New Zealand isn’t a nation that you’d immediately associate with menswear. But, thanks to Murray Crane, and his men’s retailer business Crane Brothers, that opinion, or lack thereof, is quickly changing. We’re excited to now be working with Murray and his business, with a selection of our belts now proudly stocked in his stores around New Zealand. We caught up with him and discussed all things menswear, New Zealand’s approach to it and why he’s so fond of handcrafted goods.
Hi Murray, thanks for finding some time to speak to us. Let’s start with getting some background on yourself. Where did you grow up and how did you find yourself a career in menswear?
Thanks for having me. I grew up in a very small town on the South Island of New Zealand – it's about as far away from fashion as you can get but I stumbled into fashion at an early age. I think it appealed to me as it seemed perfect for my set of skills: basically average at lots of things and not very good at one. I always detested school and studying so I am completely unqualified to do anything. My first business was actually making belts so I have always liked quality leather goods.
For those who don’t know, please can you paint the picture of what Crane Brothers is all about?
I started Crane Brothers in 1999 after 10 or so years of working for other brands. I was lucky enough to have a head buying role at a relatively young age (22) and was travelling regularly to Paris and Milan buying brands like Helmut Lang, Jean Paul Gaultier, Costume National Comme Des Garcons and Paul Smith. Selling those brands in New Zealand in the Nineties was brave and perilous but it taught me that there was an interest in men's fashion here. I saw a bigger opportunity to take everything I loved and had learnt from these brands and distil it down for the local market.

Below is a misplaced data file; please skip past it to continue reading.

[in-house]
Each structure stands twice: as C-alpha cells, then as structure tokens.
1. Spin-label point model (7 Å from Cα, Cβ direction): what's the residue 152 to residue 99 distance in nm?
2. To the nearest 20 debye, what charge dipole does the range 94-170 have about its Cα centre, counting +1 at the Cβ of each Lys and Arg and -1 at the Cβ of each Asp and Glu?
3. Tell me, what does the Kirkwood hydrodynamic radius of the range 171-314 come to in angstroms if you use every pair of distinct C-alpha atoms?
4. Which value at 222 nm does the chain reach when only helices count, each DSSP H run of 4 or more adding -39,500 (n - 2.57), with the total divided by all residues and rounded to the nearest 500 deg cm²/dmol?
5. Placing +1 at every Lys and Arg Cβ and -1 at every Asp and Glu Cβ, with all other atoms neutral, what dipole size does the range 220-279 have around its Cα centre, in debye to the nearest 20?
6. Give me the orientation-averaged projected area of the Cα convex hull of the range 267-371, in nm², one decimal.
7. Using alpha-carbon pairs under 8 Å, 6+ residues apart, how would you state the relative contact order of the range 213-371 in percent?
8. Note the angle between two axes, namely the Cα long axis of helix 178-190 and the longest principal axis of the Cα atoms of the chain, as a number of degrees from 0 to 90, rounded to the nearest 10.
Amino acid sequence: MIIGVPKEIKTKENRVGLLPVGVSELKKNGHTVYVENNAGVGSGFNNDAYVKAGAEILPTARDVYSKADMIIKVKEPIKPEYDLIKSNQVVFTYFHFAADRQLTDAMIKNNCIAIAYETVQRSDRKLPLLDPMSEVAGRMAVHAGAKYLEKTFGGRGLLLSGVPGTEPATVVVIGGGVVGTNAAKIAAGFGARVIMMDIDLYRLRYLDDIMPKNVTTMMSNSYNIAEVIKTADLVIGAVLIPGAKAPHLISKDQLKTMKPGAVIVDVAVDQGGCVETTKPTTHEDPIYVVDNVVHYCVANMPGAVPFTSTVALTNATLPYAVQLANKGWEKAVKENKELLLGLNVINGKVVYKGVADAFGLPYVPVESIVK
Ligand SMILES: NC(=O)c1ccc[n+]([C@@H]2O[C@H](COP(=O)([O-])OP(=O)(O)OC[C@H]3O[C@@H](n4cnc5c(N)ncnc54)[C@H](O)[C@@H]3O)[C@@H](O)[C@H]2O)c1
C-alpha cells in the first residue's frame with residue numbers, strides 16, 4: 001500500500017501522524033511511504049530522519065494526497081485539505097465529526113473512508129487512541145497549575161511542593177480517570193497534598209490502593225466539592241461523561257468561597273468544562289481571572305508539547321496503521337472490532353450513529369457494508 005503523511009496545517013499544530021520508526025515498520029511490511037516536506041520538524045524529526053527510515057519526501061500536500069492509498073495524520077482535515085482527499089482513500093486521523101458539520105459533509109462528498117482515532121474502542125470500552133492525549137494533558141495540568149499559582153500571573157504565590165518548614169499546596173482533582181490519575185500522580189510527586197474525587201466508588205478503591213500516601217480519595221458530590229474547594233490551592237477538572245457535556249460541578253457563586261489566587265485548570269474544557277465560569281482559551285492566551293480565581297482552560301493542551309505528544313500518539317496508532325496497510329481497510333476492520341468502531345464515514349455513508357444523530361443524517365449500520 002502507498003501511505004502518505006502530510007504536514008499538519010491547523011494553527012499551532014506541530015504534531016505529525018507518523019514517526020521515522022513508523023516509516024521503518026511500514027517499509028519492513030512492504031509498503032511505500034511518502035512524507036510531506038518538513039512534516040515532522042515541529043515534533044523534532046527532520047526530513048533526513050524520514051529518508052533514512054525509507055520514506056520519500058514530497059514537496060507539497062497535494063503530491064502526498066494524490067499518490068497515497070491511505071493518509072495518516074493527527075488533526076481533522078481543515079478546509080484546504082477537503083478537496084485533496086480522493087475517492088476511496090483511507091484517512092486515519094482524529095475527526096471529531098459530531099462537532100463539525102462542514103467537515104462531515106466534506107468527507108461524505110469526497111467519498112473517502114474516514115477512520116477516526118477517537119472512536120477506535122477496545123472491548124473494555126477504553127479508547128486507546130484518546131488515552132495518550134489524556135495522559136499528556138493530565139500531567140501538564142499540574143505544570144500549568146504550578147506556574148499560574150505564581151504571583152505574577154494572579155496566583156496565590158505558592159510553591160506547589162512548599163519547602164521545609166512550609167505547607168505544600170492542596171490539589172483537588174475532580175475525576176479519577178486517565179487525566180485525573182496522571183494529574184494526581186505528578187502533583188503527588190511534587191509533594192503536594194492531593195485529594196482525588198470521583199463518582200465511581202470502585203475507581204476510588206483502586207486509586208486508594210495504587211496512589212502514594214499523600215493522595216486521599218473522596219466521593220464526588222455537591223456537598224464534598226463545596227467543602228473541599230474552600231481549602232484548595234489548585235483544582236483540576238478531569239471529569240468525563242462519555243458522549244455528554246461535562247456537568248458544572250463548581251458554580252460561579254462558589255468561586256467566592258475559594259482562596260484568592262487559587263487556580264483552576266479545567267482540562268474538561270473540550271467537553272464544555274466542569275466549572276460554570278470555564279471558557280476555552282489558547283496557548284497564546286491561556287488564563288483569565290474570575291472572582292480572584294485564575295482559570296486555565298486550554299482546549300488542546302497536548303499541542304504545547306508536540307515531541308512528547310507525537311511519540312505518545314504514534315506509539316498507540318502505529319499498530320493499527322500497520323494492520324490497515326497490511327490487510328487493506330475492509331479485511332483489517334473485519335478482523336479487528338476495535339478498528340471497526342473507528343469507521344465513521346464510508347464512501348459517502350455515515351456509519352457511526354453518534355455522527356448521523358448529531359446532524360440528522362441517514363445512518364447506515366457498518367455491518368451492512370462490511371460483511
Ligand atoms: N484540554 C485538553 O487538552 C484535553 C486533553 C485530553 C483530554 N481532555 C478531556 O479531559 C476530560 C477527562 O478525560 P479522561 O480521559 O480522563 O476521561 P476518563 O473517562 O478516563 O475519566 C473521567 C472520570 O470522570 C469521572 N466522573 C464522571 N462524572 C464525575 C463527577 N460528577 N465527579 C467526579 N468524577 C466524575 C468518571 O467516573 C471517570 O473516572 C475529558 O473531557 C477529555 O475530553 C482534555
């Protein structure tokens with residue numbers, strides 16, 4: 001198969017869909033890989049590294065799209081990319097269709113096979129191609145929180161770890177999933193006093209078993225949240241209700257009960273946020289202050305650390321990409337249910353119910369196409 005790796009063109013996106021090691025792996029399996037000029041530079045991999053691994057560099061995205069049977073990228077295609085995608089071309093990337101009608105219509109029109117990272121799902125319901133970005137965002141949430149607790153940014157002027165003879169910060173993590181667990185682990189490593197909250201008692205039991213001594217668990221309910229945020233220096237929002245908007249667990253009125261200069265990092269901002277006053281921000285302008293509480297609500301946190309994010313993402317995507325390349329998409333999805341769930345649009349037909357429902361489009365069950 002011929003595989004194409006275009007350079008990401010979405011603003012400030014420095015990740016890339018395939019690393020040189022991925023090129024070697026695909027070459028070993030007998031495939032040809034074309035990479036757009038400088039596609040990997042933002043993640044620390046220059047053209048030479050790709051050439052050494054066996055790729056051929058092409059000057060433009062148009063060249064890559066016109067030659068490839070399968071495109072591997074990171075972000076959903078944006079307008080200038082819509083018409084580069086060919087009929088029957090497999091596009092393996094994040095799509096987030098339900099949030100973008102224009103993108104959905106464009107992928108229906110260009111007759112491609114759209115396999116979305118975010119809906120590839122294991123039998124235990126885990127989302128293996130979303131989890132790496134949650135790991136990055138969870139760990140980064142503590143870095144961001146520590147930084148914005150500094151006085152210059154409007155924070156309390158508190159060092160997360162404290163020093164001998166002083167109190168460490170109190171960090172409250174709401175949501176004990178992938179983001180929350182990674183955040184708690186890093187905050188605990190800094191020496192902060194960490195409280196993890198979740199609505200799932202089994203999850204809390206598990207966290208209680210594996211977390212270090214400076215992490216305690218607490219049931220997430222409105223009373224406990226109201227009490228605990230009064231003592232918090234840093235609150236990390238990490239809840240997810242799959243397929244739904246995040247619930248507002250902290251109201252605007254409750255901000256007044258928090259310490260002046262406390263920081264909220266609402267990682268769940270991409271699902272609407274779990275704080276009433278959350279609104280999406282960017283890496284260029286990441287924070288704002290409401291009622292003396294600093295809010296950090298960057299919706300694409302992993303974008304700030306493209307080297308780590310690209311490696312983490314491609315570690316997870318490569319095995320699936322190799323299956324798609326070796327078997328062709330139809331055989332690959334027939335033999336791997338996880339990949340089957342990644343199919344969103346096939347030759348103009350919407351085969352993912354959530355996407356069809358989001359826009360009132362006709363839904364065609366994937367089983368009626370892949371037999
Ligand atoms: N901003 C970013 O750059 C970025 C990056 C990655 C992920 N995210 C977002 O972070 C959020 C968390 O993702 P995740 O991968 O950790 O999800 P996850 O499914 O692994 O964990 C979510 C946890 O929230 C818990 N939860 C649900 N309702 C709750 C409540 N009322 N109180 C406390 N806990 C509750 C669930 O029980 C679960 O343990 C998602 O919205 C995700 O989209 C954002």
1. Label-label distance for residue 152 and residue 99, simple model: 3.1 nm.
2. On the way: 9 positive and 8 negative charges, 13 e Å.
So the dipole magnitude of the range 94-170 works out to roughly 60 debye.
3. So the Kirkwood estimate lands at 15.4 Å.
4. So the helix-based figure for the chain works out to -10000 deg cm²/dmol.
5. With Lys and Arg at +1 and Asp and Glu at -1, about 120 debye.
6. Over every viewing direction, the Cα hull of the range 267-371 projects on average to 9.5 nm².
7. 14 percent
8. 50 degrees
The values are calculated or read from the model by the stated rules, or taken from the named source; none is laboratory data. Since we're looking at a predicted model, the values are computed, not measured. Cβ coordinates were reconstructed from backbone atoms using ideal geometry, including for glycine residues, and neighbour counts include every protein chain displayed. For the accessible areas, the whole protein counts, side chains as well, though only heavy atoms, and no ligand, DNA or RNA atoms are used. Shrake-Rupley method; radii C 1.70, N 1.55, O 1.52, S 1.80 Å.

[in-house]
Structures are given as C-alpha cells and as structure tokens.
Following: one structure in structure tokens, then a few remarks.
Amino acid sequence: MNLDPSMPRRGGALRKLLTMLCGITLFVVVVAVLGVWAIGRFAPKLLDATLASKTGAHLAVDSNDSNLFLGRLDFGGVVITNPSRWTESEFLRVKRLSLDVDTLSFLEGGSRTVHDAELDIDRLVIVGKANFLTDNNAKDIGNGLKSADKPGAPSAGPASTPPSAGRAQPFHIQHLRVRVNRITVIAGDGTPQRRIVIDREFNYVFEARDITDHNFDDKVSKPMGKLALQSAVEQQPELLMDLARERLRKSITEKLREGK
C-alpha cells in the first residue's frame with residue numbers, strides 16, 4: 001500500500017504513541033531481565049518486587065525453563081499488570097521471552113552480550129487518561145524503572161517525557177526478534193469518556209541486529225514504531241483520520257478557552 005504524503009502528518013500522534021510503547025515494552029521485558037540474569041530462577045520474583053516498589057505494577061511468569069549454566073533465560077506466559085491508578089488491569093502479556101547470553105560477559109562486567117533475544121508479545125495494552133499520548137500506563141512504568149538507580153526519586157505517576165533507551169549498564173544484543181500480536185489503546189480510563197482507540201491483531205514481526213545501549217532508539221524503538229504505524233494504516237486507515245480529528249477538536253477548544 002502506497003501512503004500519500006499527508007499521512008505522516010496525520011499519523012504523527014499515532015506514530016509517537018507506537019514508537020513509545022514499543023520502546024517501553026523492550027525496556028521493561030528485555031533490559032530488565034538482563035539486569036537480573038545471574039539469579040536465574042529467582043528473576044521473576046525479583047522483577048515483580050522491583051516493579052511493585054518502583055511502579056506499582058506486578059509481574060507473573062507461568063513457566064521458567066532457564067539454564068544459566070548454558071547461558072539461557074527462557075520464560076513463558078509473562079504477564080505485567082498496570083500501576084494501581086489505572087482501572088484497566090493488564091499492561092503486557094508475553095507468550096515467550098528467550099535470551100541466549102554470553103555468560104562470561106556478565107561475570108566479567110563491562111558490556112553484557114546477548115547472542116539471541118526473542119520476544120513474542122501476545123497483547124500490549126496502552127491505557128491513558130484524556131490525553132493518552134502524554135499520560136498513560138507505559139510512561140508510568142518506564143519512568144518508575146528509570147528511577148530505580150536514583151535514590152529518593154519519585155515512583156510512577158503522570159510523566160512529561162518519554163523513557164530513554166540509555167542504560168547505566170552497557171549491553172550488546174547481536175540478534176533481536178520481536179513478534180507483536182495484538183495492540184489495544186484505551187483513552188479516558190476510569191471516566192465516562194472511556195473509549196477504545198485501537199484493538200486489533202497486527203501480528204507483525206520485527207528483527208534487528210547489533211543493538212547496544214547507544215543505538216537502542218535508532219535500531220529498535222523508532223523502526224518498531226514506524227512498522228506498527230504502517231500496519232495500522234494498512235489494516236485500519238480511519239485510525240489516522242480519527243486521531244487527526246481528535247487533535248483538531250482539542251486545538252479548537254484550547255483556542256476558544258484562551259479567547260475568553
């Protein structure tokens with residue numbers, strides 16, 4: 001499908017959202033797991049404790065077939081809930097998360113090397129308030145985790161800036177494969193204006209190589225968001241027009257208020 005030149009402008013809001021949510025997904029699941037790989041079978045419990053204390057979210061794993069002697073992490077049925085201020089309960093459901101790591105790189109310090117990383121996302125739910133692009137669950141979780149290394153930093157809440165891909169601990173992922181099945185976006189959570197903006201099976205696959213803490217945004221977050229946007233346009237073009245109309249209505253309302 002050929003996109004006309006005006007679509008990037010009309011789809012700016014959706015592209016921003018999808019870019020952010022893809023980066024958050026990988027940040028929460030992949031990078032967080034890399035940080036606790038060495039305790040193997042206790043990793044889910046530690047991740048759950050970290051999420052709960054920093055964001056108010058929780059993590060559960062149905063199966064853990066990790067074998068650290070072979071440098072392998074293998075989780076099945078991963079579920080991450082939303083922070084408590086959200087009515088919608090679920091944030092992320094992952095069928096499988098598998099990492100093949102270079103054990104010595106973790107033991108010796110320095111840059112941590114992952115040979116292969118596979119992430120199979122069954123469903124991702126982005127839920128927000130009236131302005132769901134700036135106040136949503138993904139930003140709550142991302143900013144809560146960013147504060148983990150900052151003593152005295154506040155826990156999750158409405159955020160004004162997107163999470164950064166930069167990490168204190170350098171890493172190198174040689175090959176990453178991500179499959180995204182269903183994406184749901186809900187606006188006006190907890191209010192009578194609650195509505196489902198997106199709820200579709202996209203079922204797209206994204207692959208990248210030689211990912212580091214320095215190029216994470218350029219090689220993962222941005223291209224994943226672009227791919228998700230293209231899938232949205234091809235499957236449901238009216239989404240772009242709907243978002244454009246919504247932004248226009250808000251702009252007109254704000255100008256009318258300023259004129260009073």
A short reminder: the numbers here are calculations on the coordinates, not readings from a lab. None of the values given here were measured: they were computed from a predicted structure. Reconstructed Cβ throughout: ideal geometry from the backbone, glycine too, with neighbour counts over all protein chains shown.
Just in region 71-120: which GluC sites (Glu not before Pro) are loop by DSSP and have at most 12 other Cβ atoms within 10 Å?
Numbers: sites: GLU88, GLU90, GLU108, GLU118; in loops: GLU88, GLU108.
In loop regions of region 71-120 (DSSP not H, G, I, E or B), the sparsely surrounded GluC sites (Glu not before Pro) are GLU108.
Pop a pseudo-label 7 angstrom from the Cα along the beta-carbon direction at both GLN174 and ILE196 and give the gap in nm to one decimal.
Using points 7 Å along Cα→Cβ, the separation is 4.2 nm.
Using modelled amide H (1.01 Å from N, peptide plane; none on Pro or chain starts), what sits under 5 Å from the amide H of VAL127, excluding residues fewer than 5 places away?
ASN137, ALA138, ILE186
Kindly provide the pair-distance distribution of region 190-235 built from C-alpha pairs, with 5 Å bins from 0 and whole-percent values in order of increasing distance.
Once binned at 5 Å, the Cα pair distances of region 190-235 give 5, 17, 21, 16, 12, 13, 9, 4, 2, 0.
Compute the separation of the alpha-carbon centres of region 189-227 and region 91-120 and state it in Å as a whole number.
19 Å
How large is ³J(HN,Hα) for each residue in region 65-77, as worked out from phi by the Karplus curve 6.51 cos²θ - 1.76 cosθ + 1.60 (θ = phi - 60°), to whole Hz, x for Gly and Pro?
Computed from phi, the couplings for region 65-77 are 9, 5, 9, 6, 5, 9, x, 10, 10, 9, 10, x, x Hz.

What are some ways in which you approach classic style differently compared to your peers in the UK, for example?
In New Zealand, we don't have the luxury of scale, so in some ways, every post needs to be a winning post. My approach is definitely one of wanting to push the boundaries ever so slightly but still present a very comprehensive “clean” aesthetic focused on the quality of cloth and construction. I believe there is always a market for that. I am commercially focused; I like to develop products that sell not that sit.
Seeing that you founded Crane Brothers in 1999, so 23-years-ago, what have been the most profound things you’ve learned about style and quality?
I think I've learnt that style and quality will always work. In good times and bad people always gravitate to quality.
In the UK, the last two years have had a huge effect on the way in which men are now approaching their wardrobes. Have you witnessed changes or shifts in New Zealand, too? If so, what are some examples?
It's been a slow shift here, possibly not as apparent as in the UK as the work culture there has always been quite formal. NZ men will grasp any opportunity to dress casually with both hands so we've always factored that into what we produce. The casualisation of the workforce has definitely grown pace over covid times. We definitely have an antipodean style that works for our culture and climate.